Chichen Itza Cooking

2013-10-11T16:03:00Z 2013-10-14T17:52:15Z Chichen Itza CookingJane Ammeson nwitimes.com
October 11, 2013 4:03 pm  • 

Outside of Chichen Itza, a once thriving metropolis (back about a millennium ago) of 50,000 people and now one of the most significant archaeological sites in Mexico, I’ve just shoveled dirt over my dinner and am waiting for the Shaman to come give it a final blessing, when I realize I’ve gone full Mayan.

It hadn’t started out that way. I had arrived here at Mayaland earlier in the day with some trepidation. After all, the name sounded to me like a somewhat tacky amusement park. But this Colonial style hotel (think arched colonnades and tiled roofs) set amidst acres of immaculately tended gardens surrounded by the dense forests of a Yucatan jungle and just short steps away from Chichen Itza, immediately charmed instead. Built in the early 1920s by Fernando Barbachano Peon who also convinced the first tourists to visit Chichen Itza, I find that Jennifer Lopez was here just a while before I arrived.

Whether Jennifer made her own pollo pibil under the shade of a gnarled Copal tree, also known as the Tree of Life, I didn’t find out. But here in the gardens, I copy the chef, placing chicken marinated in a paste made of achiote seeds, charred garlic, toasted herbs and spices including oregano, cloves, cumin, black peppercorns, allspice, coriander seeds as well as with the juice of the naranja agria, a small pale bitter orange often used in the foods of the Yucatan, in the bright green leaves of a banana tree. The leaves, folded around the chicken, are thick and sturdy and, somewhat similar to corn husks when used to make a tamale, keep the meat moist and tasty while cooking.

These banana leaf packets are placed in a pibil, the underground method of cooking used by the Mayans. Here, wood has been smoldering for hours in a deep pit. Once a metal pot is filled with the chicken and covered with a lid, banana leaves are placed on top and then we begin to fill the hole with dirt. There’s a method to this as I find out when I don’t follow the exact pattern but once the Shaman, dressed in white, performs his blessing, carrying a metal bowl from which the burning sap of the Kobal emits a fragrant smoke, I figure my chicken should be okay.

And it is. When the pot, after hours of slow cooking—I guess it’s the Mayan equivalent of a Crockpot, we unwrap our packets and taste the tender chicken, rich with the achiote paste. It is indeed a dish fit for the Mayans.

For those of us who don’t have a pibil in the backyard and can’t persuade our neighbors to let us dig one, I turned to Pati Jinich’s book Pati’s Mexican Table: The Secrets of Real Mexican Home Cooking (Rux Martin / Houghton Mifflin Harcourt, $30) for her recipe of Pollo Pibil. It’s not quite like eating it near the ruins of the great Maya city of Chichen Itza but it’s very good.

Pollo Pibil (Chicken Pibil Style)

Serves 5 to 6

5 to 6 pound chicken, cut in pieces

2 tablespoons seasoned achiote paste or recado rojo (available in most Latin grocery stores)

2 cups of bitter orange juice or substitute (1/2 cup orange juice, 1/2 cup grapefruit juice, 1/2 cup lime juice and 1/2 cup white distilled vinegar)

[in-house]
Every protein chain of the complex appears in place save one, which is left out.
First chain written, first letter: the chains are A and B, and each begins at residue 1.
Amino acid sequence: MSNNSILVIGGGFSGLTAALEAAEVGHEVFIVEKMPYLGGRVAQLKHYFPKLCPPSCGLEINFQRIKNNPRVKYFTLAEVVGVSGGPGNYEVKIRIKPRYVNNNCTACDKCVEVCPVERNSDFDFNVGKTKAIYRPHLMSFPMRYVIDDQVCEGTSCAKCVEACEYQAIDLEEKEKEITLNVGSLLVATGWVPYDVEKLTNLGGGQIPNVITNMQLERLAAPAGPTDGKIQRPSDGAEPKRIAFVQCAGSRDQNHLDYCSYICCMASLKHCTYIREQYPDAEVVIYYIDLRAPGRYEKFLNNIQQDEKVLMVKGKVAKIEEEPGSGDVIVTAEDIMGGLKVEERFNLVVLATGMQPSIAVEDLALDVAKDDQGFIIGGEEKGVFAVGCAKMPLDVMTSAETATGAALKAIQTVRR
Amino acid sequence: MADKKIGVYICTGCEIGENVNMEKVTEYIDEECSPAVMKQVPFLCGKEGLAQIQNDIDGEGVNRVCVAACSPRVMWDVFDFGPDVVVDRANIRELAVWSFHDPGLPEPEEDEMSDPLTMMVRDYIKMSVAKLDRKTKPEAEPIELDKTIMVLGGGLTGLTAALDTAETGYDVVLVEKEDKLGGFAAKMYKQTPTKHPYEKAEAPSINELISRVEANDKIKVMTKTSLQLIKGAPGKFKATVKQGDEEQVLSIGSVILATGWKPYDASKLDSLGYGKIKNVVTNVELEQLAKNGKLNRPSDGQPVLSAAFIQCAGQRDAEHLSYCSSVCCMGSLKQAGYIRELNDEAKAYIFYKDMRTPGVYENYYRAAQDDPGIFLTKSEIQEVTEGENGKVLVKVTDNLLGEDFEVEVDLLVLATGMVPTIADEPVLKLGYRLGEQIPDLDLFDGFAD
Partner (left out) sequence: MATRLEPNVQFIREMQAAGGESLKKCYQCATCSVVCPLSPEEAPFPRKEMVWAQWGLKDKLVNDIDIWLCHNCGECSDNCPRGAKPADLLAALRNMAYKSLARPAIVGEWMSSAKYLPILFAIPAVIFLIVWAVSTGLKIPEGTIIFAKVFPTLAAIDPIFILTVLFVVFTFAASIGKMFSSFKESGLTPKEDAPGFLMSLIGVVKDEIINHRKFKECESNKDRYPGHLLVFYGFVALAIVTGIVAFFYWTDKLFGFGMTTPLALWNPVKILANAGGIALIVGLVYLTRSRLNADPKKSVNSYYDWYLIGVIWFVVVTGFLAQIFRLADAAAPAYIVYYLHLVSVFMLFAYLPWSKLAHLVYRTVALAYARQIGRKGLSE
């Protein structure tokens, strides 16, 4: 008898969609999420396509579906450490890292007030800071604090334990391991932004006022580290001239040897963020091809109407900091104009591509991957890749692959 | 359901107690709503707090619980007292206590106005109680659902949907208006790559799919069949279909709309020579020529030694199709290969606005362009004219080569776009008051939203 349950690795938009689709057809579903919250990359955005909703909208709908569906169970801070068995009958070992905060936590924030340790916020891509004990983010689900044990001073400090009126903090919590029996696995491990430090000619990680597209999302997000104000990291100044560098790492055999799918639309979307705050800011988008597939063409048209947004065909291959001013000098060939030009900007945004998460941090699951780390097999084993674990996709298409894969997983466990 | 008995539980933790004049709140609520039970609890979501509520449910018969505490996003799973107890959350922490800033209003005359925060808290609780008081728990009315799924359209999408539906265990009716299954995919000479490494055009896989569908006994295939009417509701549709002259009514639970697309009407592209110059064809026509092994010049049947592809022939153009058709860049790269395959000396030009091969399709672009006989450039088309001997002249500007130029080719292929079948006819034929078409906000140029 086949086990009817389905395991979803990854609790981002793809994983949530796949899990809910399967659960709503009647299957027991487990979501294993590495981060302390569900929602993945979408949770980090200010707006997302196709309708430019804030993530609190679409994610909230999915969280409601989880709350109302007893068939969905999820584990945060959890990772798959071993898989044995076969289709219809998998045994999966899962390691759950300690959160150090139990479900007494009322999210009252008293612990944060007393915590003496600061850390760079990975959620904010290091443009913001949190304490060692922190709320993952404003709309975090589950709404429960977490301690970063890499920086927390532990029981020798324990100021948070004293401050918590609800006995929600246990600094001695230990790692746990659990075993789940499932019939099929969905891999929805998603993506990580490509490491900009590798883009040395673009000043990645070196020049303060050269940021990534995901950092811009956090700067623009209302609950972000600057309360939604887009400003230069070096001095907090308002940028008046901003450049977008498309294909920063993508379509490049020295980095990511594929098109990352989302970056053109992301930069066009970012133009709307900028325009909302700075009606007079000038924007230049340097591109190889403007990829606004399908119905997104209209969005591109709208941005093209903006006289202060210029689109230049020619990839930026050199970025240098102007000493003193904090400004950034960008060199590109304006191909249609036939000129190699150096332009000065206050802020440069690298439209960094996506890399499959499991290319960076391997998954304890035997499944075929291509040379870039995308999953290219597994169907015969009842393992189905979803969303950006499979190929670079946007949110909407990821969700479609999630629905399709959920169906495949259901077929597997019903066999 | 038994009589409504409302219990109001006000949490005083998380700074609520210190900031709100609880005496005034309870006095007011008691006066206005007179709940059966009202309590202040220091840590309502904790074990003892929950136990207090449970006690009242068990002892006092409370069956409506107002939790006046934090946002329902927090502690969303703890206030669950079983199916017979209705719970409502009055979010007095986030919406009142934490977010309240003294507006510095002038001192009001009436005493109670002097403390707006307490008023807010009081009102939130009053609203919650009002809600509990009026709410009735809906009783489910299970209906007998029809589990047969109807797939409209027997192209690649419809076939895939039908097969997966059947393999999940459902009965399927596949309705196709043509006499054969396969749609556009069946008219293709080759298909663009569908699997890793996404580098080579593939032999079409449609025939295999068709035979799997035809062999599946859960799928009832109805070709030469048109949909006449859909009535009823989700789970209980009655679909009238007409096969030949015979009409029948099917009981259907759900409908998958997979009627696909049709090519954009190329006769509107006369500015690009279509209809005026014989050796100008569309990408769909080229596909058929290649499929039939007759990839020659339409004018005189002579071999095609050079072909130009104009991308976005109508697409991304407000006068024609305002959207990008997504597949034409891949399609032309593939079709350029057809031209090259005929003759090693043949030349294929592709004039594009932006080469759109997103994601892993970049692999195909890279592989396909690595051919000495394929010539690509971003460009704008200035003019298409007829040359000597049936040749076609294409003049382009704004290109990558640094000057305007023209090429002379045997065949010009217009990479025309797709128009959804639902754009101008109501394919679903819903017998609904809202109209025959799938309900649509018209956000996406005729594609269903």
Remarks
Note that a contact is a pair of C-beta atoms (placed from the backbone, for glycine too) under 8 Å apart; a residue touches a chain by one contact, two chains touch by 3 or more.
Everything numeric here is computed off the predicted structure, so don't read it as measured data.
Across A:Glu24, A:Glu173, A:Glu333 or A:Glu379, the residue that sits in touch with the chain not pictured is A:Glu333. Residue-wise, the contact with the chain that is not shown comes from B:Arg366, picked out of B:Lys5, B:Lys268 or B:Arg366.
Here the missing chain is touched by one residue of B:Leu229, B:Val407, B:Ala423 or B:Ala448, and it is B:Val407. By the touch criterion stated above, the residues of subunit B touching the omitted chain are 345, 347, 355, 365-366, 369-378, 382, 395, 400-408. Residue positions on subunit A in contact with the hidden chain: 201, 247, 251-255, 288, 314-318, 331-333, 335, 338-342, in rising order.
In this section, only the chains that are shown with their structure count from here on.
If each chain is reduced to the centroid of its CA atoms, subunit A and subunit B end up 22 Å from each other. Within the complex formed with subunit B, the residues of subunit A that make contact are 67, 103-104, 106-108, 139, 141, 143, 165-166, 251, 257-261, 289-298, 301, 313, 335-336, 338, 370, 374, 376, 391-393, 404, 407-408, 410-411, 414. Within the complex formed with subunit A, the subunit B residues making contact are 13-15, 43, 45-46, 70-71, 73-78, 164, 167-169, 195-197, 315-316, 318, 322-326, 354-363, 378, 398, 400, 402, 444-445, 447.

2 cups chicken broth

5 garlic cloves, charred, broiled or toasted and then peeled

1 teaspoon oregano

1/4 teaspoon cumin, ground

1/4 teaspoon allspice, ground

1/2 teaspoon kosher or sea salt, or more to taste

1/2 teaspoon black pepper, ground

1 red onion, roughly chopped

2 tomatoes, roughly chopped

Banana leaves, optional

To make the marinade, place the achiote paste, bitter orange or its substitute, chicken broth, charred garlic cloves, oregano, cumin, allspice, salt and pepper in the blender or food processor and puree until smooth.

Rinse chicken pieces and pat dry. Place in a zip lock bag or container and pour the marinade on top. Make sure all the chicken pieces have been bathed in the marinade. Close or seal the bag or container and place in the refrigerator for 4 to 24 hours. Flip and move around the chicken pieces once or twice along the way.

Remove the chicken from the refrigerator. Preheat the oven to 450 degrees.

Spread the roughly chopped red onion and tomatoes on a large baking dish/pan. Place the chicken pieces on top of that layer and pour the marinade on top, making sure the pieces are not on top of each other. Place in the oven and roast for 25 to 30 minutes or until the skin has nicely browned and crisped.

Remove the baking dish from the oven. Flip the chicken pieces to the other side and baste with the marinade. If using banana leaves, wrap them around the chicken making a bundle. Cover the whole baking dish with aluminum foil, securing it around the edges. The less steam that is able to escape, the better.

Lower the oven temperature to 350 degrees. Place the baking dish back in the oven and let the chicken bake for about 1 1/2 hours. The chicken should be completely cooked through and almost coming apart from the bones. Remove the baking dish from the oven and let it rest for 10 to 15 minutes.

Place the chicken on a platter. You may serve whole chicken pieces or remove the meat from the bones. Ladle the remaining sauce into a bowl and either drizzle the sauce over the chicken or serve it on the side. This dish is also delicious with a side of pickled onions and habanero salsa.

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